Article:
Fry takes a broader view of the origin of this phenomenon, and attributes it to a certain tradition that has governed criticism in America. But what's most fascinating about this is that, for Fry, the tradition doesn't directly encourage solemnity: the curdling of expression isn't a result of any sense that American criticism needs to be serious. It emerges instead from a prohibition of unseriousness, of a casual manner in interpretation.
This is a claim that supports and is supported by the main position of the book and his massive, more nuanced, more expansive, more recent Defense of Poetry (1995): namely, that interpretation proceeds despite its method, surrendering to the suspension of sense produced by the multiple senses of words. This might seem completely unrelated, but the connection is easy to make and forceful one it's made. Though Fry isn't an enemy to all method in all endeavors, he believes that methods for interpretation try to minimize this suspension of sense. It is not that the aim of following a method will often limit the attentiveness one can have for multiple meanings, but in every interpretation it is the words that call to us, not the procedure, regardless of whether we follow method or not. So what we end up doing when following a method of interpretation is remain open to meanings, and then proceed to sacrifice the openness we had to produce a reading. The interpretation comes from this jockeying between what the method accepts and what we read in the text, not from the effort to bring out more of we read in the text and to supply it with some shape. Naturally, this latter effort is going to be more frivolous, more playful, since the suspension of meaning involves precisely allowing that words might not have a serious, earnest intention behind them. So method cultivates solemnity as it curbs meanings, and the tradition of Anglo-American criticism in America has always encouraged the subjection of interpretation to a method or methodized sort of procedure. Indeed, for Fry, this is encouraged by much "current" theory as well. We never really have allowed to experiment with casual interpretation.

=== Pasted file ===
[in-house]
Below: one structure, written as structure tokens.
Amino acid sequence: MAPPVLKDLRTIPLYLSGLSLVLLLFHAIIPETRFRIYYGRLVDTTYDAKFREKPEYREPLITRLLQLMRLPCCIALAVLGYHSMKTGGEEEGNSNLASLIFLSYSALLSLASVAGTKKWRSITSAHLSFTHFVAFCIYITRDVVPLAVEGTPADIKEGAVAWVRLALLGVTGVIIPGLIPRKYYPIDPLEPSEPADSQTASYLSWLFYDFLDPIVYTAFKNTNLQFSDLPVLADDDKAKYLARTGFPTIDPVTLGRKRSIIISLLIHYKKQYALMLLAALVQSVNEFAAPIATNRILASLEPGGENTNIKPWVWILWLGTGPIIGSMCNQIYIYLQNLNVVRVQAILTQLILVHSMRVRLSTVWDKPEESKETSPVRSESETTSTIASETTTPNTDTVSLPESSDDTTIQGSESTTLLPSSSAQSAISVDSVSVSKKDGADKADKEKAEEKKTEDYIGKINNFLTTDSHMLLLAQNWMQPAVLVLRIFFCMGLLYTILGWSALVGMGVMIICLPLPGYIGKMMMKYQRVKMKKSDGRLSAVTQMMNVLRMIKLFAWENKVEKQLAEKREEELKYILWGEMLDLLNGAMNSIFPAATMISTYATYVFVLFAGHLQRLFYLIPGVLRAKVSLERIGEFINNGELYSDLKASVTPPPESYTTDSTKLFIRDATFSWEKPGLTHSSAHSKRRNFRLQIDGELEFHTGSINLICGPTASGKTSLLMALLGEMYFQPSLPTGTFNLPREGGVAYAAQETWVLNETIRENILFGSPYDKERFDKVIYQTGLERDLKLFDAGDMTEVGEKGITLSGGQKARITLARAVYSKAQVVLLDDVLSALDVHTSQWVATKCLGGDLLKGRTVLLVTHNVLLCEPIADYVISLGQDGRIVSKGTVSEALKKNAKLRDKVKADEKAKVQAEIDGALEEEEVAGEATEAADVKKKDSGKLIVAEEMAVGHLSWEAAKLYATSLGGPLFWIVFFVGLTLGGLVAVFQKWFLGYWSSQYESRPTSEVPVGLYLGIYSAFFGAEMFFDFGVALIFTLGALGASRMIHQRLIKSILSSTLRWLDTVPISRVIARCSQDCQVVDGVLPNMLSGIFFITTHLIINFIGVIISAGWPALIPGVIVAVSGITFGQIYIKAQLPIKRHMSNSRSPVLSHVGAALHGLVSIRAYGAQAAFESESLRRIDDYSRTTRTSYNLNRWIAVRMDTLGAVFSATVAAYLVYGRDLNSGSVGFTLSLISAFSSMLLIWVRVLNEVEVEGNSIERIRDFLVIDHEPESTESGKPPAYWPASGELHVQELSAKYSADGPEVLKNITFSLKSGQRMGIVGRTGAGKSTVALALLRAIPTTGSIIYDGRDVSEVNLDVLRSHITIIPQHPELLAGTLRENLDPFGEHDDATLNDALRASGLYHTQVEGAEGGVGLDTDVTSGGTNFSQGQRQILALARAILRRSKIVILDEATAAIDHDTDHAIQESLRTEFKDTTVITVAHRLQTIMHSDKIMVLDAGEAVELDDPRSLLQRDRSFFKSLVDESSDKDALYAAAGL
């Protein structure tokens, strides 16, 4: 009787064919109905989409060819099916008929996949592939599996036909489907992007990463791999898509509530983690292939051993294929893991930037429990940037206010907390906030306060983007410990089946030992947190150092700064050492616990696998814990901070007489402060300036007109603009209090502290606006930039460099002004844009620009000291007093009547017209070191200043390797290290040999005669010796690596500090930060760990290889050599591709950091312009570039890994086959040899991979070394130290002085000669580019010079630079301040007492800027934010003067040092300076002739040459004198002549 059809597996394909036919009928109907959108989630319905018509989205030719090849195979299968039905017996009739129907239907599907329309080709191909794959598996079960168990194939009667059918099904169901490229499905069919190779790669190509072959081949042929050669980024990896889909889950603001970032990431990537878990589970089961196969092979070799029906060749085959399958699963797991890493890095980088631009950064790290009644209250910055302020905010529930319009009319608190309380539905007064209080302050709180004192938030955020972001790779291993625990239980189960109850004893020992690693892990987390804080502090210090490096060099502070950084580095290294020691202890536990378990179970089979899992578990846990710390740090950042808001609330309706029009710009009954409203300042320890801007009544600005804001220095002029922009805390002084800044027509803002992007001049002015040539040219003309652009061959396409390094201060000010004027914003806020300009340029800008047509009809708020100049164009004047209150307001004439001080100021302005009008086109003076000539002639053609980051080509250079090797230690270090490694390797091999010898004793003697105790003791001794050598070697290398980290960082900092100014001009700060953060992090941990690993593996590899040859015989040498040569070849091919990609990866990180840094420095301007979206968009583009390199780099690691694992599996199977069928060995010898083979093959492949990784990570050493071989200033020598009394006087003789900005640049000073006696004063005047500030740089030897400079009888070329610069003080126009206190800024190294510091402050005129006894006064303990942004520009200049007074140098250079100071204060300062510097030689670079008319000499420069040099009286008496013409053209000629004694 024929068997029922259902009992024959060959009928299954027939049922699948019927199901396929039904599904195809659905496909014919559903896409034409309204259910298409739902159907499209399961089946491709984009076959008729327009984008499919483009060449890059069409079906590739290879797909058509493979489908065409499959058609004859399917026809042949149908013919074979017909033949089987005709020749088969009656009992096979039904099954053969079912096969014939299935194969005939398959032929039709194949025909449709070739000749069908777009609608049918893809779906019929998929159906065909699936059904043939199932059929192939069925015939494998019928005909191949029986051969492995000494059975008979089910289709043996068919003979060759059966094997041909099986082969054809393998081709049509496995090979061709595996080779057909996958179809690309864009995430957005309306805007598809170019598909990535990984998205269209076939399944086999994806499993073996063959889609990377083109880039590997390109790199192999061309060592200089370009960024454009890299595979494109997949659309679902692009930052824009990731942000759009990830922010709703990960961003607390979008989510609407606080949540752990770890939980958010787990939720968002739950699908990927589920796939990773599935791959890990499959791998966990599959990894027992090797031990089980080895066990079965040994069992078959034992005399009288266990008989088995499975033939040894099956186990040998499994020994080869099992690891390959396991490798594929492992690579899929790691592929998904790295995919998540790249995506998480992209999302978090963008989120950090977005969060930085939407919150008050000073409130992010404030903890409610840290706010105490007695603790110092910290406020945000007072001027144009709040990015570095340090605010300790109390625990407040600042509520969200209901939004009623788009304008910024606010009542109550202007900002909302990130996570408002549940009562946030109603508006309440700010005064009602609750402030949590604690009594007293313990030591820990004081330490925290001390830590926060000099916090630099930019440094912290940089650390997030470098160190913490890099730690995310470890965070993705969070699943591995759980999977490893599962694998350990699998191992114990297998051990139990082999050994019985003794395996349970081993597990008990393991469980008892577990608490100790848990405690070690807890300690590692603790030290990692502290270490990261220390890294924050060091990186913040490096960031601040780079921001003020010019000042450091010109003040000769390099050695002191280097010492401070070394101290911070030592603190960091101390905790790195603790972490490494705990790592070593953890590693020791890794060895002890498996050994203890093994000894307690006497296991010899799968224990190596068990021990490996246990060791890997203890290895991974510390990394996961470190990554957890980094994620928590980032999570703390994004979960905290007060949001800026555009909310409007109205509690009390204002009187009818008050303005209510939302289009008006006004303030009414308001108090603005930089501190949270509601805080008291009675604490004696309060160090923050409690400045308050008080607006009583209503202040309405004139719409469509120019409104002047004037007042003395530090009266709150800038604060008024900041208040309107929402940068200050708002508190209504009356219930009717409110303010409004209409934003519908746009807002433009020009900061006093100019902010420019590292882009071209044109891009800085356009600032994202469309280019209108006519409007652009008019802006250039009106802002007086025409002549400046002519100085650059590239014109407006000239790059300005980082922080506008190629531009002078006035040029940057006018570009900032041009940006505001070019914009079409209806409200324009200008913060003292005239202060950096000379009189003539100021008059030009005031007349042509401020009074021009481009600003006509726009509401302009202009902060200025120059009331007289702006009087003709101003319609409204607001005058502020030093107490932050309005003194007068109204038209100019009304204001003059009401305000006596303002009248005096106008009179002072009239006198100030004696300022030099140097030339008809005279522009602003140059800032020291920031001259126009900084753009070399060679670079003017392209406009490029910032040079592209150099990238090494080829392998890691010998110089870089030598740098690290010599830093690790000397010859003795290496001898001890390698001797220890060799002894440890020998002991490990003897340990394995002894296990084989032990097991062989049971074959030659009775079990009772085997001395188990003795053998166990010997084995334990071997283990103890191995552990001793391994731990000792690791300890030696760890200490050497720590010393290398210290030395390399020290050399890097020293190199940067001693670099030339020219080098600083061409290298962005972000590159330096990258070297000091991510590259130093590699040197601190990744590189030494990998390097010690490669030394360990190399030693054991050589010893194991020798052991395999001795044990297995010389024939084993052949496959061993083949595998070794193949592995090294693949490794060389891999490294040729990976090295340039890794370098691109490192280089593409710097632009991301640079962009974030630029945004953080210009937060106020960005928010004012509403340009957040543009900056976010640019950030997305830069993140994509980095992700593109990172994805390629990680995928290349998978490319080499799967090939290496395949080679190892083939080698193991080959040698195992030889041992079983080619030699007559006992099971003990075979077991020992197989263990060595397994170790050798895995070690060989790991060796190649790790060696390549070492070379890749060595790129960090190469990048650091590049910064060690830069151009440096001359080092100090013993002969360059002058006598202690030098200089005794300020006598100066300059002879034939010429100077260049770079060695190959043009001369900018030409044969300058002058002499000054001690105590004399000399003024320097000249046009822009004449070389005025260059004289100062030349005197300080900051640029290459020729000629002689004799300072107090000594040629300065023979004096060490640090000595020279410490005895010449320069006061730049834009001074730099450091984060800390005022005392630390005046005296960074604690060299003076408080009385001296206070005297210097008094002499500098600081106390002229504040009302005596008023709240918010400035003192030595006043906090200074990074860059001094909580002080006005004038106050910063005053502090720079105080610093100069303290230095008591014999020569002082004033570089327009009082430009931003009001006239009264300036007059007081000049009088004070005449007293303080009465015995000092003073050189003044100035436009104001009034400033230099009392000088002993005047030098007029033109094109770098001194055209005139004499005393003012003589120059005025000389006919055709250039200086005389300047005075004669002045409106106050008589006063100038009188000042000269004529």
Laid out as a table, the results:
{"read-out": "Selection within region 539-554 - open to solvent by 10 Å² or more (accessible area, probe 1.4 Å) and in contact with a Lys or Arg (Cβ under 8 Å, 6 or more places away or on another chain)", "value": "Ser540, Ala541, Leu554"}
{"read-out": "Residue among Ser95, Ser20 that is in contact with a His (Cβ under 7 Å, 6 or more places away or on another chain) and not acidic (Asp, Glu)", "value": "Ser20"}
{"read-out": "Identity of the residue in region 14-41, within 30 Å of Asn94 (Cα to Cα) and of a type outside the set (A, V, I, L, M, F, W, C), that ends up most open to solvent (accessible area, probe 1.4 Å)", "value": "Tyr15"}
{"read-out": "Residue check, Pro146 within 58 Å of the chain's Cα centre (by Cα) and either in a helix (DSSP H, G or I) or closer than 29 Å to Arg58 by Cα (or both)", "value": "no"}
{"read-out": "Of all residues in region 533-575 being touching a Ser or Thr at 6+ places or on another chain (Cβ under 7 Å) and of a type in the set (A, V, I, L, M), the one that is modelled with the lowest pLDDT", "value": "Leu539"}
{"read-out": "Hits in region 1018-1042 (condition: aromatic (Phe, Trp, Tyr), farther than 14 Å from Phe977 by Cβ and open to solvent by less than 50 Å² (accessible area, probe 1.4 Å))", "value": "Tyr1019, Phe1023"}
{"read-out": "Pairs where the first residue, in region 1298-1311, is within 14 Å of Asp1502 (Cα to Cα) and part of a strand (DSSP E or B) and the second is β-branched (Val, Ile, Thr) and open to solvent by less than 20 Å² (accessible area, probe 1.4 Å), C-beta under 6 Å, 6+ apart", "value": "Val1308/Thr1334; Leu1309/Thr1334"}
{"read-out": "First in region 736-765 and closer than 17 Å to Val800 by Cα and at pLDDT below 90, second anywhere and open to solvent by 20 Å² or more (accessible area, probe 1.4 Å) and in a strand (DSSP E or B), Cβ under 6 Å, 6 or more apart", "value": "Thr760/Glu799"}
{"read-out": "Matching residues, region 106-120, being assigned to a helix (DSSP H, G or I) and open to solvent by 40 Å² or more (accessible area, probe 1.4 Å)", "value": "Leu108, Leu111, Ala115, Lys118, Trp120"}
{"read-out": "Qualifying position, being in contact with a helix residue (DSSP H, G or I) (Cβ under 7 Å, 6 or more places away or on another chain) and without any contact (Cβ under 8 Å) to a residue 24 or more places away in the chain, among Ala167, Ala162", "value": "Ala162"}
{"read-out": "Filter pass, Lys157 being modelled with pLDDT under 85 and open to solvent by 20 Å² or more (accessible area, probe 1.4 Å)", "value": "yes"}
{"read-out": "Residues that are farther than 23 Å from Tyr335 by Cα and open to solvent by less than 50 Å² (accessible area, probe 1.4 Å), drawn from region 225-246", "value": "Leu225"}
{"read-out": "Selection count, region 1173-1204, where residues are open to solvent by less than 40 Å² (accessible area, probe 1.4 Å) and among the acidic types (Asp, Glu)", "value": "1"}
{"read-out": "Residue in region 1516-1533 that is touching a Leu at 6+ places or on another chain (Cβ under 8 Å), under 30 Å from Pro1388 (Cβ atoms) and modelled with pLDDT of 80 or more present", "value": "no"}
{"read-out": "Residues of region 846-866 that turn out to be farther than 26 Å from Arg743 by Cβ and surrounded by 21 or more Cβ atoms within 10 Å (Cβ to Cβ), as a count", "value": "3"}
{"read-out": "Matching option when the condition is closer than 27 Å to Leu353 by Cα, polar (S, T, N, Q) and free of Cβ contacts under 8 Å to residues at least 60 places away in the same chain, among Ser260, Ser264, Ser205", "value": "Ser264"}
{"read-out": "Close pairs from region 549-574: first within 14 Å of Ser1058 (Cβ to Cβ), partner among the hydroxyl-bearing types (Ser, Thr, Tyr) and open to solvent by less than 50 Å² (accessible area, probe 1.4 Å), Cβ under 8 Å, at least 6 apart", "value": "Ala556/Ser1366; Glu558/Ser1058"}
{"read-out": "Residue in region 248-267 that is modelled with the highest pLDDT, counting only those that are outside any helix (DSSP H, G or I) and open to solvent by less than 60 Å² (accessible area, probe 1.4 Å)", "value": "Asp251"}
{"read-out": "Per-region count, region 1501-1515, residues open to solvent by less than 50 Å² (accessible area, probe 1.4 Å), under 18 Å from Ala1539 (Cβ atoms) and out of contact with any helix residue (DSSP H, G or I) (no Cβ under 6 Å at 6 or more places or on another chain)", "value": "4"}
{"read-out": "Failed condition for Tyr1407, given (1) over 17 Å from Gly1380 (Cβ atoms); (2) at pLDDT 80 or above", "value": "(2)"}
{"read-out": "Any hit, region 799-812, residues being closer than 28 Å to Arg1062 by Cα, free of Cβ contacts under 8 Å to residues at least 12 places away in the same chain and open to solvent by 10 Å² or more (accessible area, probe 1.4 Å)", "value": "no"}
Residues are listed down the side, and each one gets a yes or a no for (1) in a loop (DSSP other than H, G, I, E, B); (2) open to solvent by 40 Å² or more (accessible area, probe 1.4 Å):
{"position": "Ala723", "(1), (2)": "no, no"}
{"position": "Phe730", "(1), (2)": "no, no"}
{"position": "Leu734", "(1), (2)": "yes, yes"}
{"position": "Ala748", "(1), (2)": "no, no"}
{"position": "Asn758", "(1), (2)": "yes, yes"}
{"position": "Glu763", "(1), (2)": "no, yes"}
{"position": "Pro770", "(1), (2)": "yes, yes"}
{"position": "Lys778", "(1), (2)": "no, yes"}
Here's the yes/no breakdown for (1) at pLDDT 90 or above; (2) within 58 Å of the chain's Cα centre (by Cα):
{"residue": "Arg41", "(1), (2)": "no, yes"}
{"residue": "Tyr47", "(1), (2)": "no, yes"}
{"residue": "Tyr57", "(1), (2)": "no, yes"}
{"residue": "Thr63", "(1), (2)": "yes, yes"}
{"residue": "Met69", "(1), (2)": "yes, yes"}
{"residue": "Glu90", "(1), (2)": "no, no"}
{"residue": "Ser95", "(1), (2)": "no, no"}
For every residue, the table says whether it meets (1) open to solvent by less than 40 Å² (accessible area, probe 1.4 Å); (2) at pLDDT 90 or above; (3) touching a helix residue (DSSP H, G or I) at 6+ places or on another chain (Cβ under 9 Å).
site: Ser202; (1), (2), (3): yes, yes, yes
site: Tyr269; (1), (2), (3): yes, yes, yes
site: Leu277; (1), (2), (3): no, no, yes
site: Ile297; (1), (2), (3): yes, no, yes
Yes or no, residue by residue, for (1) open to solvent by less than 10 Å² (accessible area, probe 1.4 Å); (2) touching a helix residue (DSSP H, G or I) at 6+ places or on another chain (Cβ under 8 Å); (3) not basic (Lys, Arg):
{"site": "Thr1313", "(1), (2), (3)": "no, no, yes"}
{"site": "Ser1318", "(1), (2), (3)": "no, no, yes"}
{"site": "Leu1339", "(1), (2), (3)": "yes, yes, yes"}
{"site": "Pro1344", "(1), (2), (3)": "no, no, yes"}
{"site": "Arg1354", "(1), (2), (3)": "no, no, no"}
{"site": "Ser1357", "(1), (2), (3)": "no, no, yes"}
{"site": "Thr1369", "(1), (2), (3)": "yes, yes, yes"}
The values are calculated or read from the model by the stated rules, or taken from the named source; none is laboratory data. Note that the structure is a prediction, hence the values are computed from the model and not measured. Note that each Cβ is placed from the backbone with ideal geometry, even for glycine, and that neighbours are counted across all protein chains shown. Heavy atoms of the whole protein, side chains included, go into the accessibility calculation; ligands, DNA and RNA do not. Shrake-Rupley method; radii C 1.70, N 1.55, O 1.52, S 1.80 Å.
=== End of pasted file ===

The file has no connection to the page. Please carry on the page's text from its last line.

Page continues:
But all this is clear enough from the passage, though the point is made by developing this last claim. This, however, actually makes things more poignant, since it involves developing its other side: the notion that everything we take to be casual in interpretation never really has been truly casual at all. We think the casual manner is the freedom allowed to impressionism, but the real situation is that the latter only flourishes with solemnity--as evidenced by the fact that it can turn back into solemnity in an instant (de Man, for me, is again the best example of this). Never acquainted with the hard work involved in the casual manner--which is hard work, involving a deft control of that indirectness Americans have never tolerated--we think we can pass of the products of laziness as the same thing.